It's a social networking thing, right?  And if we're talking about musical friends in the Bay Area, you'd better believe that those Facebook friends were celebrating what would have been the late Jerry Garcia's 71st birthday today.

Michael Hinton
Then came the word that Michael D. Hinton died today after battling cancer with heart complications, and a lot of the same people who celebrated Jerry Garcia's birthday on Facebook expressed sadness after hearing of Mike Hinton's death.

Bay Area musicians make up a fascinating community.  It seems so many musicians there know each other, one way or another.  There's a connection, a web that somehow brings so many people together from throughout the area.

Mike Hinton played guitar on the musical score for the 1980s version of "The Twilight Zone," along with Jerry Garcia.  Mike Hinton played in the band High Noon with Garcia's mates Mickey Hart and Merl Saunders.  He played with Country Joe and Friends.  He recorded with Rick Danko.  He shared a close bond with the late Norton Buffalo.

Friends of friends, many of them that I've never met face-to-face yet gotten to know them through a computer with an Internet connection ... that's been my Facebook world since the early part of 2012, and it's been fascinating.  It's been a place to get to know musicians and music fans alike.  Mike Hinton joined that list fairly early in that "gathering" venture of mine in the early part of 2012, and there was a point in time I would often stop and read closely what he had to share with his friends.

I'd stop and read what Mike had to say because he'd tell marvelous stories about the people he'd played with or gotten to know through his playing -- Mickey Hart, Norton Buffalo, Merl Saunders, Joan Baez ... on and on.  Stories like this, from a blog he contributed to:

Michael Hinton
"When we were getting ready to do a session and record the soundtrack for the 'The Girl I Married' episode of The Twilight Zone which would air July 17, 1987, legendary rock guitarist John Cipollina and I were in the hallway at the coffee machine.

"John waited until I’d gotten through making up my cup of coffee and said, 'You done?' I said, 'Yep' and he proceeded to pour an entire bowl of sugar cubes into his cup. He then poured coffee over the tall pile of cubes, staring into my eyes with an utterly deadpan look on his face. When the cubes had melted, more than 20 of them, he grabbed the cup, still staring at me, and gulped it down in one long swig.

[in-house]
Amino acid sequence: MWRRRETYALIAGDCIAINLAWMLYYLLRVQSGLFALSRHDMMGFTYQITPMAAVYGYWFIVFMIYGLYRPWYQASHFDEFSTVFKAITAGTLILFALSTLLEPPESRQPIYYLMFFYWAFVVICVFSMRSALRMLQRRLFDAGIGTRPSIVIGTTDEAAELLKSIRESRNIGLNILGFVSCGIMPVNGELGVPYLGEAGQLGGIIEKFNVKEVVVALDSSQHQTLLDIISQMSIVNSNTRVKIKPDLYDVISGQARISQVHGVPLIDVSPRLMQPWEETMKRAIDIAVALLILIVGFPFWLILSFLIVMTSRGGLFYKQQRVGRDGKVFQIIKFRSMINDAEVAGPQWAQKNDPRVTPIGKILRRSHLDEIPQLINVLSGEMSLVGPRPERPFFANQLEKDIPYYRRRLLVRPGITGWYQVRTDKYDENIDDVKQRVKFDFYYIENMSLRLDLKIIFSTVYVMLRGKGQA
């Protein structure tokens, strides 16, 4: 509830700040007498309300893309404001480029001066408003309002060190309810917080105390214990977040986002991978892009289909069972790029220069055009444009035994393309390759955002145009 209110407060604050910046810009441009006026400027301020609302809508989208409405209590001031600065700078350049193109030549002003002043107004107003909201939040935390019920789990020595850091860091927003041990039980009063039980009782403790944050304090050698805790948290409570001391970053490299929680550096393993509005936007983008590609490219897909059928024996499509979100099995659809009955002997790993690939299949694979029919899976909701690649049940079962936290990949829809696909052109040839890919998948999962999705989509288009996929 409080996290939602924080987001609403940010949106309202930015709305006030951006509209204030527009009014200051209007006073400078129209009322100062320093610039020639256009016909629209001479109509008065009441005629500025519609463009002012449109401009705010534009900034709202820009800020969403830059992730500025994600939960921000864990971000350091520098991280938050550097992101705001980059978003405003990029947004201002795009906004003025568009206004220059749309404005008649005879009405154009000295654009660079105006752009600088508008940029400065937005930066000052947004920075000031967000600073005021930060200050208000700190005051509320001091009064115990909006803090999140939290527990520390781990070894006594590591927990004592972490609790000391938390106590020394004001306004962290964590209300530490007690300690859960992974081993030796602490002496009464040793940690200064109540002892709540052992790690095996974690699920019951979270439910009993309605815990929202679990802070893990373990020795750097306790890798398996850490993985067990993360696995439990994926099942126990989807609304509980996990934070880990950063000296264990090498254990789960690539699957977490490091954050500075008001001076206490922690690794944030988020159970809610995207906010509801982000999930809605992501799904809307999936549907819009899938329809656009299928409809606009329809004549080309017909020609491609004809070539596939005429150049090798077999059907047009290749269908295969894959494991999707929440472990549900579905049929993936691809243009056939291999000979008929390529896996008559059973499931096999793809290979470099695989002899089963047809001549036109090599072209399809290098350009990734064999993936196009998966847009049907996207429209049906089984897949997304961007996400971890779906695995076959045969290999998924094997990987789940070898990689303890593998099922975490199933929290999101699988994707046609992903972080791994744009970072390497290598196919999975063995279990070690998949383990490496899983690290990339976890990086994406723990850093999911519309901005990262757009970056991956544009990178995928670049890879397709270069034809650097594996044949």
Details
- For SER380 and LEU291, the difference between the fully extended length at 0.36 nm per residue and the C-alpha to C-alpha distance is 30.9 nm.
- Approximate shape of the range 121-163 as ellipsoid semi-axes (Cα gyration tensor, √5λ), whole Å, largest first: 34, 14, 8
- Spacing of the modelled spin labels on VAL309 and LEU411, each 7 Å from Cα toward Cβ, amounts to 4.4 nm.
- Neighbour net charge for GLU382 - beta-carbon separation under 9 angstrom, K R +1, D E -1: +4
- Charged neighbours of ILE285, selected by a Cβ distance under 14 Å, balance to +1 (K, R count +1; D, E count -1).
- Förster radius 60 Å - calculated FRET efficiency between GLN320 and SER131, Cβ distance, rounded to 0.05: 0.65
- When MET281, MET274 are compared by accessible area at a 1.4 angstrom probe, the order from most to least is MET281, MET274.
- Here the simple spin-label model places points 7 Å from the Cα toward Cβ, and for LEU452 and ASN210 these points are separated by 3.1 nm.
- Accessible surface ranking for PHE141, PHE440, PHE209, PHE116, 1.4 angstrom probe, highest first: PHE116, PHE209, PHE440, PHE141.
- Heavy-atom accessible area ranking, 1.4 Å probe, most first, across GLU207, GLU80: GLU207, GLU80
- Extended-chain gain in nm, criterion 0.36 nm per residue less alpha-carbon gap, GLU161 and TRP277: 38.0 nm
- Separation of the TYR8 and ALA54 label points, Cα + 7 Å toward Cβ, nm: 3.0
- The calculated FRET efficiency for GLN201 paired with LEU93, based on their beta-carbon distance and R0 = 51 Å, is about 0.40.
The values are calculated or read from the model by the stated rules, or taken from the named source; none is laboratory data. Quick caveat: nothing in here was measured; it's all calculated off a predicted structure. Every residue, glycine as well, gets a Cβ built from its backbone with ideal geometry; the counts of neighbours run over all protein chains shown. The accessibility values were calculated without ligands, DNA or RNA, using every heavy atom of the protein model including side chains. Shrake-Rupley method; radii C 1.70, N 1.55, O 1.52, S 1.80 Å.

"Choking in laughter, I spit my mouthful of coffee all over myself. John wiped his mouth and said, 'I think I’m ready' [still deadpan] and we walked into the studio to get to work.

"My shirt was soaked and uncomfortable but we really rocked the session. Every track we put down, we were playing and hearing for the first time. Every piece was a first take. Merl Saunders [the musical director] had us do a couple of pieces that resembled the memorable 'Who Do You Love?' [Quicksilver Messenger Service] guitar solo jams for John to cut loose on. During the love scenes, Norton Buffalo and I played with the world famous Kronos Quartet. Merl told me, 'I’m using you on this stuff because you can make your guitar cry.'"
I'd read through the stories Michael Hinton would post on Facebook, and as a music fan I'd eat 'em up.  I told him how much I enjoyed them a couple of times, and he appreciated that.

Michael Hinton came up playing music in an era that many young music fans today wish they could have come up in.  It wasn't an era filled with a lot of flash and onstage dancing and lip-syncing and computer-generated sounds and tuning.  It was all done with skill, raw talent, heart, touch, feeling, emotion, a good ear ... you know, the things that make us human.

Michael had many stories to tell going back to that era.  I'm grateful to have been able to read some of them, as many as I could.  There are other "friends of friends ..." that are out there, just on Facebook alone, who I'm sure could share some fascinating stories of their own, one way or another.

I'd like to help people remember a few of those names in the days to come, through a "friend of a friend" series.  I've been thinking about doing this for a while.  It took Michael Hinton's death today to get me started.

Stay tuned.